The person giving that advice was the late Menachem Schneerson, the Lubavitcher rebbe.

It took Mintz long, long years but he finally found a milk-free quasi-ice cream that was edible. And he gave it an inspired name, Tofutti – which sounds like “tofu” combined with tutti-frutti.

Nor did he stop searching. Today Tofutti Brands makes not only non-dairy “ice cream,” but non-dairy “cream cheese,” non-dairy beef stroganoff (Mintz’s mincemeat?), non-dairy “cheese” pizza, non-dairy “sour cream,” and so on and so forth.

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At 4:01 p.m. on March 31, at Tofutti headquarters in Cranford, this reporter was offered coffee while waiting to interview Mintz. He boldly requested a Tofutti Cutie instead. His first, ever. A young female Tofutti employee brought him a bar, together with a napkin and two small bottles of water.

Verdict: Okay. Not as bad as he had feared, not as good as he had hoped. Edible. Sort of like Charlotte Church’s singing as compared with Renee Fleming’s. Passable, not great.

Later, another employee gave our daring and resourceful reporter a spoonful of a new Tofutti product, called Flowers, made from the nectar of flowers that hummingbirds love. Wow! Renee Fleming herself! And other new products, like cheesecake and ice cream cones covered with chocolate, also passed the taste test: substitutable for real ice cream, without reservations. In fact, a delicious Tofutti cheesecake placed in the conference room of The Jewish Standard at 9:15 one morning had disappeared totally by 10:02 a.m. (Fressers.)

Today Tofutti brand products are sold in all states and in 30 countries, and there are 50 to 60 varieties (including Mintz’s Blintzes but, as of now, no tutti-fruitti Tofutti). It’s a public company and has 15 or so employees at its headquarters. Net sales last year: $19.6 million. Mintz himself is well-to-do, with two houses. One is a “Shabbos house” (you can walk from there to a synagogue on Fridays and Saturdays), where he makes meals for 20 to 25 Friday-night guests – and tests out his new products.

He was wearing a black outfit with a pen stuck in his shirt pocket when interviewed recently, along with (of course) a kippah. His beard and hair are graying. He’s very talkative: His conversation is full of funny remarks, startling information (everywhere in the world, vanilla is the favorite flavor; 96 percent of new food companies fail), and quotes from the Talmud – along with deft compliments about the reporter’s intelligent questions.

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Renee Rivera, a lab technician, checks a pressure gauge while running a dairy-free mix through a homogenizing system.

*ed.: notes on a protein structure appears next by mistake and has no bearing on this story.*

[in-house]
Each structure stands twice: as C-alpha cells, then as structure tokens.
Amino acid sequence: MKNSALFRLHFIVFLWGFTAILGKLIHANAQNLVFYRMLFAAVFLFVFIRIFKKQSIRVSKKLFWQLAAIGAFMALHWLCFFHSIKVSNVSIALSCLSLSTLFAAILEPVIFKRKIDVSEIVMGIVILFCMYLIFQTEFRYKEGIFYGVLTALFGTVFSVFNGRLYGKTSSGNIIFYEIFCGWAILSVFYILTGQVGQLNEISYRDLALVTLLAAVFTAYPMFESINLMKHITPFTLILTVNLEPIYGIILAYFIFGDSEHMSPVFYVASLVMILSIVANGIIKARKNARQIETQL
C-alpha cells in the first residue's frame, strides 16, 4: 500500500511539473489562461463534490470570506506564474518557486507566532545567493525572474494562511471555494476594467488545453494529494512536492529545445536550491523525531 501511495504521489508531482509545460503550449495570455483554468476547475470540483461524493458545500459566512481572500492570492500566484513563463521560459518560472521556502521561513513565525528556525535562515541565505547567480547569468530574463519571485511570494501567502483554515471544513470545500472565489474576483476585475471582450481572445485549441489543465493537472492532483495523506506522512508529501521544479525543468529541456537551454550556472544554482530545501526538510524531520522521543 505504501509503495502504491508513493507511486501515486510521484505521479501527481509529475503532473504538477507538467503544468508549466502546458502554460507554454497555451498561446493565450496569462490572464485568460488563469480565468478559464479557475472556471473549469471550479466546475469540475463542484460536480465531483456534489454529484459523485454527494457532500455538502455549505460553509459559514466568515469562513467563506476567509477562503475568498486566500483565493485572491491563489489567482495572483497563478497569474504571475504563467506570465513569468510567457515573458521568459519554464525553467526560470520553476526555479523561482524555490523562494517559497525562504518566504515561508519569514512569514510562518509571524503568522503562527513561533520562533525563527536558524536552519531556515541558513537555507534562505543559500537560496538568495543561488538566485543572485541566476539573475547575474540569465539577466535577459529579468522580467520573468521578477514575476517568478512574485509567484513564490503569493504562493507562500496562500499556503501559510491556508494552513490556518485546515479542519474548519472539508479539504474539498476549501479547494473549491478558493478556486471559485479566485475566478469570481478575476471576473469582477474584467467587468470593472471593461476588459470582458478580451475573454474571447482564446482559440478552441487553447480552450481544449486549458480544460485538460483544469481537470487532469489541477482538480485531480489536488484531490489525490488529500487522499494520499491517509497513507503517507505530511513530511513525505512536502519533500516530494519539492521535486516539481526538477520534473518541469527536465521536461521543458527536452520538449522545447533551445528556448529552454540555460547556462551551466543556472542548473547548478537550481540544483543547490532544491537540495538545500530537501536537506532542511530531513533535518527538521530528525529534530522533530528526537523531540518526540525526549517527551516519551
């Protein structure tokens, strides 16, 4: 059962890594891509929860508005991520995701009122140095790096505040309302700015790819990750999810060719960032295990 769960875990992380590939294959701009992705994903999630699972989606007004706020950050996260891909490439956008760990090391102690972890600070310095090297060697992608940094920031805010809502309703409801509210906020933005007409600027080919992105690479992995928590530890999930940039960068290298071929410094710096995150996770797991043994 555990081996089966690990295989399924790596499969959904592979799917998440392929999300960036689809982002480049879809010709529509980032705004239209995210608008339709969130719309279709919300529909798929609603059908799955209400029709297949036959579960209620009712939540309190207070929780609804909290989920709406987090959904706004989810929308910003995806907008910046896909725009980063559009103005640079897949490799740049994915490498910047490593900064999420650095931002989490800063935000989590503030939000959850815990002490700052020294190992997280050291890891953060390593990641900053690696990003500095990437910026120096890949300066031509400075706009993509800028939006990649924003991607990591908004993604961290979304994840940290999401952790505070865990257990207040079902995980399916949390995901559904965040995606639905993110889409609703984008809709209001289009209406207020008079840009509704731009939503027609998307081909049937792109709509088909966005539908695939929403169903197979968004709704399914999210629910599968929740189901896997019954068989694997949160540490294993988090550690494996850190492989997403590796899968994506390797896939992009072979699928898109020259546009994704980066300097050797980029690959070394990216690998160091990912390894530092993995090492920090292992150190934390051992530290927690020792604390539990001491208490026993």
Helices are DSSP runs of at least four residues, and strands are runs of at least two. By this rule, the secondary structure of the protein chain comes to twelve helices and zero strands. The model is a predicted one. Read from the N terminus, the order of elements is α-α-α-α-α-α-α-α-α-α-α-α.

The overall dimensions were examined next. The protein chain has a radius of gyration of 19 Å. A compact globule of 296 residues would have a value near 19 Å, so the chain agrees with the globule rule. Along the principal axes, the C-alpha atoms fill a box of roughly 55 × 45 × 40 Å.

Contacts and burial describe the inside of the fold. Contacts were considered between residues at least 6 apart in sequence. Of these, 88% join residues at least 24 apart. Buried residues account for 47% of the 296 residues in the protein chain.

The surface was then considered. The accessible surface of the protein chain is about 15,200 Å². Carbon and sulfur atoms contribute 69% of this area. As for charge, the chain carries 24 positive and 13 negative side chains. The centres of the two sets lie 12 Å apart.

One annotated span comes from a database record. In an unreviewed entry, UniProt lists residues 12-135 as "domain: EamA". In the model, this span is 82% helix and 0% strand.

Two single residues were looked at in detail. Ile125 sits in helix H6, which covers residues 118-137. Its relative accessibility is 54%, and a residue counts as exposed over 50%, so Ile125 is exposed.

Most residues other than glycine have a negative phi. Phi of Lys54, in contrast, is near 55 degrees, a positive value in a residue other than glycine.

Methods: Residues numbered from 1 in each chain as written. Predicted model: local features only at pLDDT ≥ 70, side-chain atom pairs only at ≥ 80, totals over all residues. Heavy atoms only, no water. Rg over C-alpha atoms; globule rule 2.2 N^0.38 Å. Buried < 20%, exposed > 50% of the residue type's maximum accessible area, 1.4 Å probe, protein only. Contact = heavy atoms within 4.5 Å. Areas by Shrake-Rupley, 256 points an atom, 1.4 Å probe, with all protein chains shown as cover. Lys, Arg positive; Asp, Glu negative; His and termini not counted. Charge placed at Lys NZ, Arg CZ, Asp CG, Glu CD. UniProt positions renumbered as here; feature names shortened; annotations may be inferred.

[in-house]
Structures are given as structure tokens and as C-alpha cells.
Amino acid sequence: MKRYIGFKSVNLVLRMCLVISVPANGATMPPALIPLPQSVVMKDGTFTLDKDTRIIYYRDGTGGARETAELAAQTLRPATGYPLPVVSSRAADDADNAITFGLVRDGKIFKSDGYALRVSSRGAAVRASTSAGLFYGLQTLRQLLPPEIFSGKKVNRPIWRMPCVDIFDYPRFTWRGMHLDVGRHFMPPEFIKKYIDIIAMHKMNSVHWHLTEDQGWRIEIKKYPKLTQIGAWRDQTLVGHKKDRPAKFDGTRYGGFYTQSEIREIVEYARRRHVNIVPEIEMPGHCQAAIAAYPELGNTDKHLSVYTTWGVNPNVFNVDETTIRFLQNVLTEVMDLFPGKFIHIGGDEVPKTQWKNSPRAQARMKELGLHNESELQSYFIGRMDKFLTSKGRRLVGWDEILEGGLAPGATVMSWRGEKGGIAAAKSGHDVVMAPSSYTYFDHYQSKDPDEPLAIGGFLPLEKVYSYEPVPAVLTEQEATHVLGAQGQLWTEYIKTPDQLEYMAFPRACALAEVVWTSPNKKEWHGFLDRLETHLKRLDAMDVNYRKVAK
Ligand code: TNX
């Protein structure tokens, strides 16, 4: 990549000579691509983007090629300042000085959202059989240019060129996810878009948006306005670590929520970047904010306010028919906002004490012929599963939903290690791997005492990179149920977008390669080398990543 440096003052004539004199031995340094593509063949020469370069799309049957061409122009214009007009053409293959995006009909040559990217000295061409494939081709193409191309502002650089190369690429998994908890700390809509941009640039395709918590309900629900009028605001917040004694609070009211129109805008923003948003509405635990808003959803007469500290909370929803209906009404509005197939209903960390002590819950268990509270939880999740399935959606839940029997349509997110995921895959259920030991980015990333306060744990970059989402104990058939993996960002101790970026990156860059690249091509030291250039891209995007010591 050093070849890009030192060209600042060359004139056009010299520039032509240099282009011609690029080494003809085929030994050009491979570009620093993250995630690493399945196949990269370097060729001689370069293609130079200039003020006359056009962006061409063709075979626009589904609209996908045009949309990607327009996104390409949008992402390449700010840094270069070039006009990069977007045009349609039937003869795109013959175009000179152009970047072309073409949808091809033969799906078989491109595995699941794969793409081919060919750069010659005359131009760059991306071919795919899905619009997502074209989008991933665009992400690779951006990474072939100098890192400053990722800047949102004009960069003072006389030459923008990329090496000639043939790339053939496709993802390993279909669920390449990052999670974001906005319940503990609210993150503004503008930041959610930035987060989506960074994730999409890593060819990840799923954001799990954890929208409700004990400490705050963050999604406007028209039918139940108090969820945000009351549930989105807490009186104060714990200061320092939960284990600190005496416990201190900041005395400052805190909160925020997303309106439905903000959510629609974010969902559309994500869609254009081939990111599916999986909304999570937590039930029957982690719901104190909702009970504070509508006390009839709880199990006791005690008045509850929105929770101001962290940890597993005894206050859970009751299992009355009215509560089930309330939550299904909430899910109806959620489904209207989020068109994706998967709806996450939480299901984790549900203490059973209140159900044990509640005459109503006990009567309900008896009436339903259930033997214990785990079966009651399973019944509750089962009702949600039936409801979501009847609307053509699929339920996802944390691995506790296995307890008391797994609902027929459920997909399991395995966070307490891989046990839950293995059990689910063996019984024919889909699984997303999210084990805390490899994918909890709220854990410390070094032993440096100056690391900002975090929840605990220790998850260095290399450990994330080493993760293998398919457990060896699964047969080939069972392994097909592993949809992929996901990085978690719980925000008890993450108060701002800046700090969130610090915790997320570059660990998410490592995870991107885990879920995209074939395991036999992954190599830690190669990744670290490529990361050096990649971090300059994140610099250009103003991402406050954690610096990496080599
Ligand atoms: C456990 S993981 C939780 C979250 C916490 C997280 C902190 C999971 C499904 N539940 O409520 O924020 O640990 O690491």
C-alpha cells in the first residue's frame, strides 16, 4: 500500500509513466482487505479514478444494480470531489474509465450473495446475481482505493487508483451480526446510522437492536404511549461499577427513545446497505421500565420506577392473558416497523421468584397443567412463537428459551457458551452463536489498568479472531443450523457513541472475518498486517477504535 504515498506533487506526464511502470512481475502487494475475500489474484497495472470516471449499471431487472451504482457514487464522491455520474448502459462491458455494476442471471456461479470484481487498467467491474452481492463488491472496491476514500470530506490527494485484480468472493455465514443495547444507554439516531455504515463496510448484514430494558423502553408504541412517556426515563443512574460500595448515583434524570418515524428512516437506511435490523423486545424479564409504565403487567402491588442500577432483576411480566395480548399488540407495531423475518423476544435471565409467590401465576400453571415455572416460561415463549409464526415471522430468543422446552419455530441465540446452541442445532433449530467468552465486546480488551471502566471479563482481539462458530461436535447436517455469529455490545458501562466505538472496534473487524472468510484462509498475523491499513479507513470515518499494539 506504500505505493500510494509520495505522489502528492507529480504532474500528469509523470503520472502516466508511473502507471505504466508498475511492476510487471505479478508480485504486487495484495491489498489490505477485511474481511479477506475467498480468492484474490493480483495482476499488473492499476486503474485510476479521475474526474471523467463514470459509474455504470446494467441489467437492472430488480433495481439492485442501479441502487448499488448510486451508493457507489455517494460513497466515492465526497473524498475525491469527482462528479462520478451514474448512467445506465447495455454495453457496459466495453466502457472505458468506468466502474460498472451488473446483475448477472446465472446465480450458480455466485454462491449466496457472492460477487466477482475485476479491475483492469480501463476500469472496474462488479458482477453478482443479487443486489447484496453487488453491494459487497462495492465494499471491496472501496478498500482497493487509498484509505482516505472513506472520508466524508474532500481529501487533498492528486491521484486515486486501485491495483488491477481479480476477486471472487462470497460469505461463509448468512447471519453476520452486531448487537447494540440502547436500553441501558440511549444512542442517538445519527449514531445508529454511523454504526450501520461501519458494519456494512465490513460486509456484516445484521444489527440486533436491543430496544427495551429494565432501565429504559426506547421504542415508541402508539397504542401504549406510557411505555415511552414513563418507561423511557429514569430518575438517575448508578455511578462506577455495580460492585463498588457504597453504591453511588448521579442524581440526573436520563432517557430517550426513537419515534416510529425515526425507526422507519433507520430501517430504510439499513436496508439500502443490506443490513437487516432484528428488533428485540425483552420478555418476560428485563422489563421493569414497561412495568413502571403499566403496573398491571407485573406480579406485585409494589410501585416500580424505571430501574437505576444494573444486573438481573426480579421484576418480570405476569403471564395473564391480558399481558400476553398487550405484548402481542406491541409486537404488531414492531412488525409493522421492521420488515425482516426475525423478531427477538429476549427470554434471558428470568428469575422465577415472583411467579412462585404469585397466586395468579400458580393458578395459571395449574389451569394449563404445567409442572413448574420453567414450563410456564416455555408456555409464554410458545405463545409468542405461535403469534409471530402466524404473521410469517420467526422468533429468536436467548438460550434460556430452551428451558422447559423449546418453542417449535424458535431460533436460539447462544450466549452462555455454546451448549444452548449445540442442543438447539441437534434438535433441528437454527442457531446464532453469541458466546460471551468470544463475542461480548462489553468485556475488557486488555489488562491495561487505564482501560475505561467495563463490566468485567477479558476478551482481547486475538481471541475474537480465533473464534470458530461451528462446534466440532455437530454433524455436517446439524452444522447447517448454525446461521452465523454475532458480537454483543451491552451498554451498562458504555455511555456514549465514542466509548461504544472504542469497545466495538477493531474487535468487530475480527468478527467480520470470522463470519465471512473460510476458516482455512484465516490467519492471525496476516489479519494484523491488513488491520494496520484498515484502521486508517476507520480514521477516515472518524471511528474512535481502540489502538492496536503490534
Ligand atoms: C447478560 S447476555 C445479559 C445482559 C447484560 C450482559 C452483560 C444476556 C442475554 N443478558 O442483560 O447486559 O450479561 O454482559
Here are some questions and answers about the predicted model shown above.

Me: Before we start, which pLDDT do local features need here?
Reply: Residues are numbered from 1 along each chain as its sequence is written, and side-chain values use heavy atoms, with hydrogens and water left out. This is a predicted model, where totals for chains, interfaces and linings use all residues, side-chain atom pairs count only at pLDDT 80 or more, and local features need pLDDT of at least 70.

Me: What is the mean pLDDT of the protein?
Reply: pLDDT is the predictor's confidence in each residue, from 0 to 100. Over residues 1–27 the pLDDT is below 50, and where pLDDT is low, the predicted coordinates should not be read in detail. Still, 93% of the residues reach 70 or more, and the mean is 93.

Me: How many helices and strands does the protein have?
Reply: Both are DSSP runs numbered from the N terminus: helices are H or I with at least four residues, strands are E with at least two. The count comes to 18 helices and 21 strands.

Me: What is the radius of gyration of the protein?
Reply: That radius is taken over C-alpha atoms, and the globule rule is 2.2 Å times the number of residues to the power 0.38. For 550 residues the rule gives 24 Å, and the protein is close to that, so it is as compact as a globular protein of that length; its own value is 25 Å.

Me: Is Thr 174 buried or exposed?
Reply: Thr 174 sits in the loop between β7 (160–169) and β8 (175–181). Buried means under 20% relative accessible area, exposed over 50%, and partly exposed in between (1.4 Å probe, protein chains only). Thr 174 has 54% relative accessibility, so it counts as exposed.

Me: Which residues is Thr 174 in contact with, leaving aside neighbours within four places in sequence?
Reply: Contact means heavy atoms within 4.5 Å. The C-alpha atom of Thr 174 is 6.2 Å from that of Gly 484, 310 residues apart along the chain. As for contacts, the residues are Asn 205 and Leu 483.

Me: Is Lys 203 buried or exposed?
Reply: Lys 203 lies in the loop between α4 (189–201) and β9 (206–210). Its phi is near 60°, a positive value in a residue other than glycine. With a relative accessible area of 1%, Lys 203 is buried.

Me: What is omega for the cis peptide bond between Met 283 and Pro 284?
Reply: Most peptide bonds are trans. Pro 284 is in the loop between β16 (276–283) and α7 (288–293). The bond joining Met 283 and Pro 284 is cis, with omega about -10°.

Asked the usual questions (what’s his own favorite Tofutti?), he doesn’t give the answers one might expect. His reply: When he introduces his son, Ethan, to people, he says, “This is my favorite son.” How many does he have? “Just this one.” In other words, he has no favorites.

Another example: So, the challenge for a budding entrepreneur is to find a niche and fill it?

Well, perhaps. “But maybe the reason there’s no barbershop in town is that a barbershop isn’t needed.”

Next question: The two best customers for Tofutti products are Orthodox Jews and people with lactose intolerance? No, there’s a third group, he says: People who simply love the taste of Tofutti.

How many days, how many hours does he work every week? He doesn’t work on Shabbat, so he works six days. But “I don’t have hours.” If he wakes up at night with an idea, he writes it down or talks into a tape recorder. In any case, it’s not real work – he enjoys himself. In fact, the advice he gives young people is: Find something you love, and you won’t mind working 18 hours a day.

His anger flashed at one question. What does he think of Bernard Madoff? “No comment!” he said. But then he added, shaking his head, “I can’t understand. You can sleep in only one bed, eat only one meal at a time…. The Talmud says you have a mission to complete, a purpose on earth….”

Does he have any community activities? He’s the president of the Chabad in Tenafly. Any hobbies? Cooking. “It’s therapy for me.” Does he exercise? Every day. On Shabbat, he walks. His favorite food? Fish. He raises Japanese koi. Naturally, he feeds them tofu. And they thrive on it.

An acquaintance says, “He’s warm, friendly, and shrewd. And his being so outgoing helps account for his success.” Another friend, Meri Pollock of Norwood, says Mintz is “generous – without letting anyone know of his largesse. He gives from his heart – without wanting his name on a building. He prefers anonymity. And he brings out the best in people. Give him a black-and-white picture, and he’ll turn it into color.”

His offices are not imposing: they are, rather, homey. On the walls are all sorts of ads for Tofutti products. There’s a 1985 New Yorker cartoon showing someone with a pushcart selling Tofutti, looking unhappily at two other people with pushcarts – selling Fotutti and Allrutti.

On the wall, over the desk in Mintz’s modest office, hangs a portrait of the Lubavitcher rebbe.